Group celebrates a great first year

By Geoff Berkeley Friday 14 December 2012 Updated: 17/12 15:57

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Buy photos » Worcester Mayor Roger Berry and mayoress Gill Berry join pyschcologist Bill Say, Julie Micklewright, secretary of ASPIE, and trustee John Micklewright, in celebrating a successful first year for the group. Picture by Marcus Mingins 4812029MMR Order this picture at

MEMBERS of a group in Worcester which supports adults with Asperger's Syndrome are celebrating a memorable first year which has seen it move into a new home and secure charity status.

ASPIE was founded last year by accountant Sarah Micklewright, 37, who was diagnosed with Asperger’s when she was 23.

The group, which meet every Wednesday, was set up to provide a safe environment where people with the syndrome feel accepted and encouraged, while enjoying discussions, games and confidence-building activities.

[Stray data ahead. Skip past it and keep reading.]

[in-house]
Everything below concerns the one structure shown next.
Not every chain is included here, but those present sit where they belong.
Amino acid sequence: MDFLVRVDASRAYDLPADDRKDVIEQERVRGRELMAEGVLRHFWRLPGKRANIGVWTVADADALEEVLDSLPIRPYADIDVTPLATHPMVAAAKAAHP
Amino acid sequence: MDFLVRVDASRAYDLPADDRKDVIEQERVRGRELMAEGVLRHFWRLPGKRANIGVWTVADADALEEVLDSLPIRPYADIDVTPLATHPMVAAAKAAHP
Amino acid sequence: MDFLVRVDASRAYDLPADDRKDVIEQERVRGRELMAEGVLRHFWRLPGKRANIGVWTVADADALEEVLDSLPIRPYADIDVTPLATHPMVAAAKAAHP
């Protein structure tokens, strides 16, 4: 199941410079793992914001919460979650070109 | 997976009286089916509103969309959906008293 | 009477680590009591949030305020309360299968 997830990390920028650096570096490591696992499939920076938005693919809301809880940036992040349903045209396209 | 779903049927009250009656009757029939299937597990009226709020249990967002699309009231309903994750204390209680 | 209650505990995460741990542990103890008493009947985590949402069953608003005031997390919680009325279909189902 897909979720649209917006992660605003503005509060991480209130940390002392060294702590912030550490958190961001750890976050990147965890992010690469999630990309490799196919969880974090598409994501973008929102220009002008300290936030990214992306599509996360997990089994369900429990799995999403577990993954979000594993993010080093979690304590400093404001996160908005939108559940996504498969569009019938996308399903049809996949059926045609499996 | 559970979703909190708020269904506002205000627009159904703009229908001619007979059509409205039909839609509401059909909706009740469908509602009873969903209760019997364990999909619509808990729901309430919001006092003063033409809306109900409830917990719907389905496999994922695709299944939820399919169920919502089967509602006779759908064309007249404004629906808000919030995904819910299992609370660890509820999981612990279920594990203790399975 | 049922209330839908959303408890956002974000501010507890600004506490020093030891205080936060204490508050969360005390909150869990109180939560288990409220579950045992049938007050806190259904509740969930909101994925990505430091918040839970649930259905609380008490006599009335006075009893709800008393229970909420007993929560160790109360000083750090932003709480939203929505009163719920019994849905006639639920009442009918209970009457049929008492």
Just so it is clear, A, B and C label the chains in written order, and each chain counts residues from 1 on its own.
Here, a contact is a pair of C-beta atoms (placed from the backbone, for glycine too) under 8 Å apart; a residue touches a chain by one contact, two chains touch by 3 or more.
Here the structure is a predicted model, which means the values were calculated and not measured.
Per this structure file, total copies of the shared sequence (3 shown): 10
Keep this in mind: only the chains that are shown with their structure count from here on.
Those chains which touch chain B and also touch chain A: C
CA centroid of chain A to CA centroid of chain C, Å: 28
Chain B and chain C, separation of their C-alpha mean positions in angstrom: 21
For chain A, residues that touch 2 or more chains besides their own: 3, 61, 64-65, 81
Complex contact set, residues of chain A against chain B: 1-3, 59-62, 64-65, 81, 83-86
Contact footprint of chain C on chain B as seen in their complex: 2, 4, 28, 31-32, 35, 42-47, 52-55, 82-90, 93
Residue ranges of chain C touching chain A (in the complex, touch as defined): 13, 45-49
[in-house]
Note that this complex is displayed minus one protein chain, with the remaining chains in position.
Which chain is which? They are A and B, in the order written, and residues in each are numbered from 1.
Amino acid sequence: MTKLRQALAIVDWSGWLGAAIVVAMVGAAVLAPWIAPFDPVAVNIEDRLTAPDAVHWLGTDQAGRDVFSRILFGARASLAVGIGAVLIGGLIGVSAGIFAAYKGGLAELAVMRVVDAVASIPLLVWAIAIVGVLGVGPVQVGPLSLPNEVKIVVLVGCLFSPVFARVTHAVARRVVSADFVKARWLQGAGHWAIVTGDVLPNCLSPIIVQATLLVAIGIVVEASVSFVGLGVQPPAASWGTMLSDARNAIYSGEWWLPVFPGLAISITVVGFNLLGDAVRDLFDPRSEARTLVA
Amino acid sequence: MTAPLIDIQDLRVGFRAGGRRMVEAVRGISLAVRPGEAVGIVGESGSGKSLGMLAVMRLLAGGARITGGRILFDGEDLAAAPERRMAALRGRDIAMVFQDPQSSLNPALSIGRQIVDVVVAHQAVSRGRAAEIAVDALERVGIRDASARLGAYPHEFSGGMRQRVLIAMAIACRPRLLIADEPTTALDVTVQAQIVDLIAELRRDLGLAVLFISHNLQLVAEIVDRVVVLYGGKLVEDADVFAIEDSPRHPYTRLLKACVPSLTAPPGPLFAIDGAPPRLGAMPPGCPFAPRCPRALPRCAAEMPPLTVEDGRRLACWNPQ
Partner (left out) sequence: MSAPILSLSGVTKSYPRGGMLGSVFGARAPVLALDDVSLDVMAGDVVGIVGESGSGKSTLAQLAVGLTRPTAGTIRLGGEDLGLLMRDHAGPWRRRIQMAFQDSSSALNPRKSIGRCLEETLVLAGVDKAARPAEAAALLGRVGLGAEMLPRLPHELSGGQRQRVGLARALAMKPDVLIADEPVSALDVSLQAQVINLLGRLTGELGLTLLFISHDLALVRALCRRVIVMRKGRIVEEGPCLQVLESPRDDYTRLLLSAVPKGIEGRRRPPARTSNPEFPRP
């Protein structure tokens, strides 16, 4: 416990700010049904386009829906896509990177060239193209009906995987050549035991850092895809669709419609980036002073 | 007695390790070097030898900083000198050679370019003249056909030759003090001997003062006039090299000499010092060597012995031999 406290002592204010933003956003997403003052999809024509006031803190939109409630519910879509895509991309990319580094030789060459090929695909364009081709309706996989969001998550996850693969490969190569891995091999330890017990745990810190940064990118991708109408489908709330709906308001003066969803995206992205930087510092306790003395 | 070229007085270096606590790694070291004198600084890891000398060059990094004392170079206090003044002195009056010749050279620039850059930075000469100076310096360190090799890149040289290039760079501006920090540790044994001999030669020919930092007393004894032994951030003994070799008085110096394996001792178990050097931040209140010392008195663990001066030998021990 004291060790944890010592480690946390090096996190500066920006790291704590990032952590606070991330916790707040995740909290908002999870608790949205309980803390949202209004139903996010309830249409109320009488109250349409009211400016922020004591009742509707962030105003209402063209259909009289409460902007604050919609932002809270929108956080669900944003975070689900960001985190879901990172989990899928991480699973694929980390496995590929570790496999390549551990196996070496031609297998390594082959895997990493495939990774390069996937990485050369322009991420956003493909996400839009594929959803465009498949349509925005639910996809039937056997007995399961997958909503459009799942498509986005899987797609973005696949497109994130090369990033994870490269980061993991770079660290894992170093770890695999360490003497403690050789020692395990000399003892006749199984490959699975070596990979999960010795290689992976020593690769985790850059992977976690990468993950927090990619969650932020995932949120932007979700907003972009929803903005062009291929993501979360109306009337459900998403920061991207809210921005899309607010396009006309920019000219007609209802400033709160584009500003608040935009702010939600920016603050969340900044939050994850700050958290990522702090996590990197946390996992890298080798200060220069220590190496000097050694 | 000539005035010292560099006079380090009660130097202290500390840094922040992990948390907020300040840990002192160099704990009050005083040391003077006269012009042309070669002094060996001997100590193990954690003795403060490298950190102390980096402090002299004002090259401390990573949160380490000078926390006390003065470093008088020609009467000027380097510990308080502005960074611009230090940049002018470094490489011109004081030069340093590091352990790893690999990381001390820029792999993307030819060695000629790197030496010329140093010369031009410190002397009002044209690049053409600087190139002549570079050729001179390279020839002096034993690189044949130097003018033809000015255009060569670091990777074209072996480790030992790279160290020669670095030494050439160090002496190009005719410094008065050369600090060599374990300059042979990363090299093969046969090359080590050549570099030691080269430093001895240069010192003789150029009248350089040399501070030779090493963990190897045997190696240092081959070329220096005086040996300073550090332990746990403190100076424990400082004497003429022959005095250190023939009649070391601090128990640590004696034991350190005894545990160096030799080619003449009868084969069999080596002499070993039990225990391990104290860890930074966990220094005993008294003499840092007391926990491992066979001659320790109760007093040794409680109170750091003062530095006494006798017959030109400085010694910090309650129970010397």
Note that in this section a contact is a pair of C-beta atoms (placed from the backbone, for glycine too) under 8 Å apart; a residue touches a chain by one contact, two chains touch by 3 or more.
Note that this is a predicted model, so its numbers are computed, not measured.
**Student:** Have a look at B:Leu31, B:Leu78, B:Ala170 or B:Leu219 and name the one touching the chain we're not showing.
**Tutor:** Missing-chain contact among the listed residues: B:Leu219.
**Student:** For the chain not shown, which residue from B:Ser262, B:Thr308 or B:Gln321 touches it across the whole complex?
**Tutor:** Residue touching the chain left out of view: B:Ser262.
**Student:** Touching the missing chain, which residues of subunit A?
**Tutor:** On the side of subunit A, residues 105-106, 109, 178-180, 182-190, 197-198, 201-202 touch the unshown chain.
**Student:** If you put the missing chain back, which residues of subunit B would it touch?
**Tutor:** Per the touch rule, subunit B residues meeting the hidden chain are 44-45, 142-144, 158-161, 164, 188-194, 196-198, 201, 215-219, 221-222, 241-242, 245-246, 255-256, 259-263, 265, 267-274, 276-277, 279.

ASPIE has gone from strength to strength, gaining charity status after just four months before moving from Rutland House on The Tything into its new home on Sansome Walk in April.

Asperger's is a form of autism which can affect the way people are able to socialise and communicate with others.

People with the syndrome are often very intelligent but their senses can also be affected by the condition.

The group has seen a steady influx of members with about three new people joining every week, including some that come from as far afield as Coventry and Stratford-upon-Avon.

Its growth has largely been down to its strong links with organisations such as the University of Worcester, Mental Health Action, Worcester Volunteer Centre and Onside Advocacy, which provide training, back to work skills and guide them towards a healthier, socially active and more inclusive lifestyle.

They have also benefited from seminars run by Professor Tony Attwood and Australian psychologist Bill Say.

Julie Micklewright, secretary at ASPIE, said the group celebrated its first anniversary with a cruise along the River Severn.

"Considering we are so young I think we have done really well," she said.

"We have got one young man who lives in Kidderminster who has now got two volunteering jobs in Worcester, so his life has now blossomed because of what we were able to show him."

"We are about self-help and motivation so they can come somewhere where they feel welcome and accepted. They can drop the mask and feel comfortable."

For more information on ASPIE email

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